Instagram’s parent company Facebook has confirmed that a newly discovered security vulnerability may have put data at risk, leaving users open to attack by threat actors. A security researcher ran tests on the platform and he successfully retrieved “secure” user data. This data included users’ real names, Instagram account numbers and handles, and full phone numbers. The linking of this data is all an attacker would need to target those users. Facebook has since made changes to Instagram to protect its users.
Luckily, this threat would be extremely difficult to carry out on mass. Theoretically, this leak does have consequences as it connects private data to accounts. Providing a phone number to associate with an account will soon become old fashioned as we start using authenticator apps for verification. In the meantime, it is seen as the go-to method of two-factor authentication.
Authenticator apps are increasing in popularity, as people move across to this more secure protection feature. There is still some time to go before these apps become the most common method to verify an account.
Vulnerabilities in contact importers can open a website or web application to variety of attacks like brute force, SQL injection, and those involving compromised third-parties, to name a few. Unfortunately, these attacks are not uncommon. If the site or app has a field where users can log into their account, and developers are not enforcing parameters for queries and input for that field, bad actors can enter and execute malicious SQL statements that give them access to the database server behind the web application. If a third-party code provider is known to have visibility of or access to the information of its clients’ users, that provider would be a prime target for hackers. Avoiding these attacks requires a layered approach that includes continually monitoring these web assets for unauthorized actors and activities, having white hat hackers test the assets’ security defenses, and setting down rules to strengthen users’ passwords.
There is an important distinction between what a user chooses to make public, such as a unique handle or username, and the personally identifiable information (PII) that they use to create accounts. When individuals make user profiles for any given service, they trust that their PII will be kept secure. While Instagram exposed users’ passwords a little less than a year ago, it appears that the company did not sufficiently learn its lesson. Instagram is now reported as having left names, account numbers, and phone numbers exposed, as well.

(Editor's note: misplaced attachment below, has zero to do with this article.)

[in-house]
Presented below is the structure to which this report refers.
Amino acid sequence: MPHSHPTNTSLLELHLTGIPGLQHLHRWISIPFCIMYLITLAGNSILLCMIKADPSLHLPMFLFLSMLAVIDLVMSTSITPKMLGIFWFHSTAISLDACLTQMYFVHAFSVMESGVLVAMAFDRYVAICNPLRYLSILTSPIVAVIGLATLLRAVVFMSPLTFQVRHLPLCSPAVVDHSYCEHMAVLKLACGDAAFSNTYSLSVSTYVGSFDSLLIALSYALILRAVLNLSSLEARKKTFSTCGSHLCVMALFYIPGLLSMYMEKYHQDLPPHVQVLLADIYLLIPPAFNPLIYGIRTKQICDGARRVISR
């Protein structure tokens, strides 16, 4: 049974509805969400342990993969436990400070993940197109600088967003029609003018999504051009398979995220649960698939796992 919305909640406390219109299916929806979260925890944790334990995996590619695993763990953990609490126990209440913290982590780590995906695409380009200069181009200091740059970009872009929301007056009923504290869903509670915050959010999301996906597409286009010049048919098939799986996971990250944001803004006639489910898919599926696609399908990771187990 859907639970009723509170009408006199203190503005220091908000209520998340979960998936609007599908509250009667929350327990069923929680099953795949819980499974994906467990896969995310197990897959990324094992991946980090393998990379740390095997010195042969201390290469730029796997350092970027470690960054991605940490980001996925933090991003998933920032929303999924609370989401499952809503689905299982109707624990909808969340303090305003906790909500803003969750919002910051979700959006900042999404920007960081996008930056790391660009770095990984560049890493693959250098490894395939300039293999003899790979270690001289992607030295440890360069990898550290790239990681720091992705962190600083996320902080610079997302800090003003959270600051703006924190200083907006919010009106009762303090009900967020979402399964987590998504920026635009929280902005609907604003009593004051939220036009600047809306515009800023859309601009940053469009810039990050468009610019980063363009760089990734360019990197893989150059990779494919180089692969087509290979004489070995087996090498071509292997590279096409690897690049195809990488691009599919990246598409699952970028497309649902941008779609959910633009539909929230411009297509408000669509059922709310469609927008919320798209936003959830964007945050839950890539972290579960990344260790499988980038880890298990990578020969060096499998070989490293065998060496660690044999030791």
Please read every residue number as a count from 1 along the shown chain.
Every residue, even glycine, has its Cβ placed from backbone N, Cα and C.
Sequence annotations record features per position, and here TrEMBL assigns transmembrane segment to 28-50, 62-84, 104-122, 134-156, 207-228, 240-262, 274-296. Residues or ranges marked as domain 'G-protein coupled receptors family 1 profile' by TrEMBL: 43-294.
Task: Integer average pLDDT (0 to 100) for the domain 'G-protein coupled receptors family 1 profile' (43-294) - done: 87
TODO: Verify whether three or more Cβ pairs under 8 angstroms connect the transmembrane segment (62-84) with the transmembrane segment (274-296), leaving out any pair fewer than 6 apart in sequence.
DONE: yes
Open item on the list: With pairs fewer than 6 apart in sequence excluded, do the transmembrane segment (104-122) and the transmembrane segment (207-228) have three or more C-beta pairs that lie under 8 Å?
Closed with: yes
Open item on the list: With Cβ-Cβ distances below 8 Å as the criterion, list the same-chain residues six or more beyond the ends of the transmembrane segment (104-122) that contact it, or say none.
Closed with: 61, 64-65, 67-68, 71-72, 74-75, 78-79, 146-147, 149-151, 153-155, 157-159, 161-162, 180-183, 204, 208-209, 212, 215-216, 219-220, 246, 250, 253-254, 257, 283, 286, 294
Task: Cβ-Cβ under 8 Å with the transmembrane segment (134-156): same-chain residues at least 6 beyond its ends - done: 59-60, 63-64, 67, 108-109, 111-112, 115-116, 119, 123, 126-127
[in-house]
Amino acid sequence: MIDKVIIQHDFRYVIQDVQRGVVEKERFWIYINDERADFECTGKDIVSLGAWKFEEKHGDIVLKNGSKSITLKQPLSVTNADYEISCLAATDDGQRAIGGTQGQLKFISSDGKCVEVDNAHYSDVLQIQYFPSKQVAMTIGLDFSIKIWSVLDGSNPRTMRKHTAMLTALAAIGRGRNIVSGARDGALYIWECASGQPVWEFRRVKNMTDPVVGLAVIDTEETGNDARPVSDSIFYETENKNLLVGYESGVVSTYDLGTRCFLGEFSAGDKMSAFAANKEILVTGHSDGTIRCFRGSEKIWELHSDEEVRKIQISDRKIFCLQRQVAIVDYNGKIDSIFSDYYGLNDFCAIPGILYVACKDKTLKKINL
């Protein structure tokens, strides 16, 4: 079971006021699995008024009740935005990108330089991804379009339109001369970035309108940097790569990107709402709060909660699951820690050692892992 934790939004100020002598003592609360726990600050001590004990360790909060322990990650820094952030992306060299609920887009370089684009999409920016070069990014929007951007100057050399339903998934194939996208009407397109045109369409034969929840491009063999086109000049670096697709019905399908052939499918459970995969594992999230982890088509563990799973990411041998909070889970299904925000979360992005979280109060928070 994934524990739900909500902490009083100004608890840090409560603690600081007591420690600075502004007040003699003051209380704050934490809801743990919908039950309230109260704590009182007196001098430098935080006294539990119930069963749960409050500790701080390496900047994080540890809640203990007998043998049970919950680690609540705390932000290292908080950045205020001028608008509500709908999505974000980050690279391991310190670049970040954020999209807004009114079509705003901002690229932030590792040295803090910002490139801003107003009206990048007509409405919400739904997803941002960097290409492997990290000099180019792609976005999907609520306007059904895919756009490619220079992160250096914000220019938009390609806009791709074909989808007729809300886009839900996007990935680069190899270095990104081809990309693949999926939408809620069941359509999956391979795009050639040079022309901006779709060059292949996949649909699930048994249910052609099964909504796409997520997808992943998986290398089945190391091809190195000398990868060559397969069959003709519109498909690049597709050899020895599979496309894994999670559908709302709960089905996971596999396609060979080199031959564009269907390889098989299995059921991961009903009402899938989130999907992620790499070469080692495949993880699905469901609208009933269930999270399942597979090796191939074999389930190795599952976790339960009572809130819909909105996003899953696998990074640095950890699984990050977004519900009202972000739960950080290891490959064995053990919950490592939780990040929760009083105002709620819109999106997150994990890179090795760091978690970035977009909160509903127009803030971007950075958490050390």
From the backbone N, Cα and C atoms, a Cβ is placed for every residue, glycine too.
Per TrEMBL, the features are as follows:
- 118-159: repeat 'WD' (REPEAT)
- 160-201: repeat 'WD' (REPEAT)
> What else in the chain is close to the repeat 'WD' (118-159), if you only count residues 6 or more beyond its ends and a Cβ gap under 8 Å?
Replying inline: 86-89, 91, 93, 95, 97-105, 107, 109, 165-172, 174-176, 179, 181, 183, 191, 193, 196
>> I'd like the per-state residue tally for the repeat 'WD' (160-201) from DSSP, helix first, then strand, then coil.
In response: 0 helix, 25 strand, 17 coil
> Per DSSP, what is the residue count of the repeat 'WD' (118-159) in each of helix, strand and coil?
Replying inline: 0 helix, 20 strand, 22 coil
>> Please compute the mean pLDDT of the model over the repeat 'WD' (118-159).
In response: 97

While there are no signs that credentials were leaked or data was stolen by hackers, users could have had their accounts and information exposed if a researcher hadn’t found the issue and intervened. Companies cannot rely on others to find their security issues and instead must take a more proactive approach to defending user data. Organizations that have complete visibility and control over their data are in a better position to identify and remediate vulnerabilities that could be exploited by malicious actors. The days of reactive security have passed – real-time protections are now absolutely critical.
Software security is an organisational skill, and no matter how good you are, there\’s always room for improvement. The fact that the reported vulnerability in Instagram is \”complex\” to exploit is actually a good indication. A finding of an easily exploitable vulnerability would indicate that something fundamental was wrong with Facebook\’s software security methodology. A complex-to-exploit vulnerability is still cause for concern, and should influence Facebook\’s future bug hunting efforts, but hopefully it shows that simpler, more obvious bugs have been addressed already.
As Instagram is the third most popular social media network with more than one billion active users on the platform each month, the social media giant is entrusted with a massive trove of user data. Left unpatched, this security vulnerability could have resulted in a devastating data leak consisting of phone numbers and account numbers that directly link to the usernames and real names of the account holders. With this, a malicious hacker could build a massive and attackable database of Instagram users’ records.
Security vulnerabilities such as this are often due to a misconfiguration. Organizations must do a better job at being proactive in ensuring their data is protected with automated security controls. Even companies with seemingly endless resources struggle with identifying and remediating misconfigurations and other vulnerabilities in real time. This risk is even greater when using cloud service providers, and organizations cannot wait to invest in security solutions that can detect misconfigurations and alert the appropriate personnel to correct the issue, or even trigger automated remediation in real-time to better safeguard sensitive data and maintain trust among users and customers.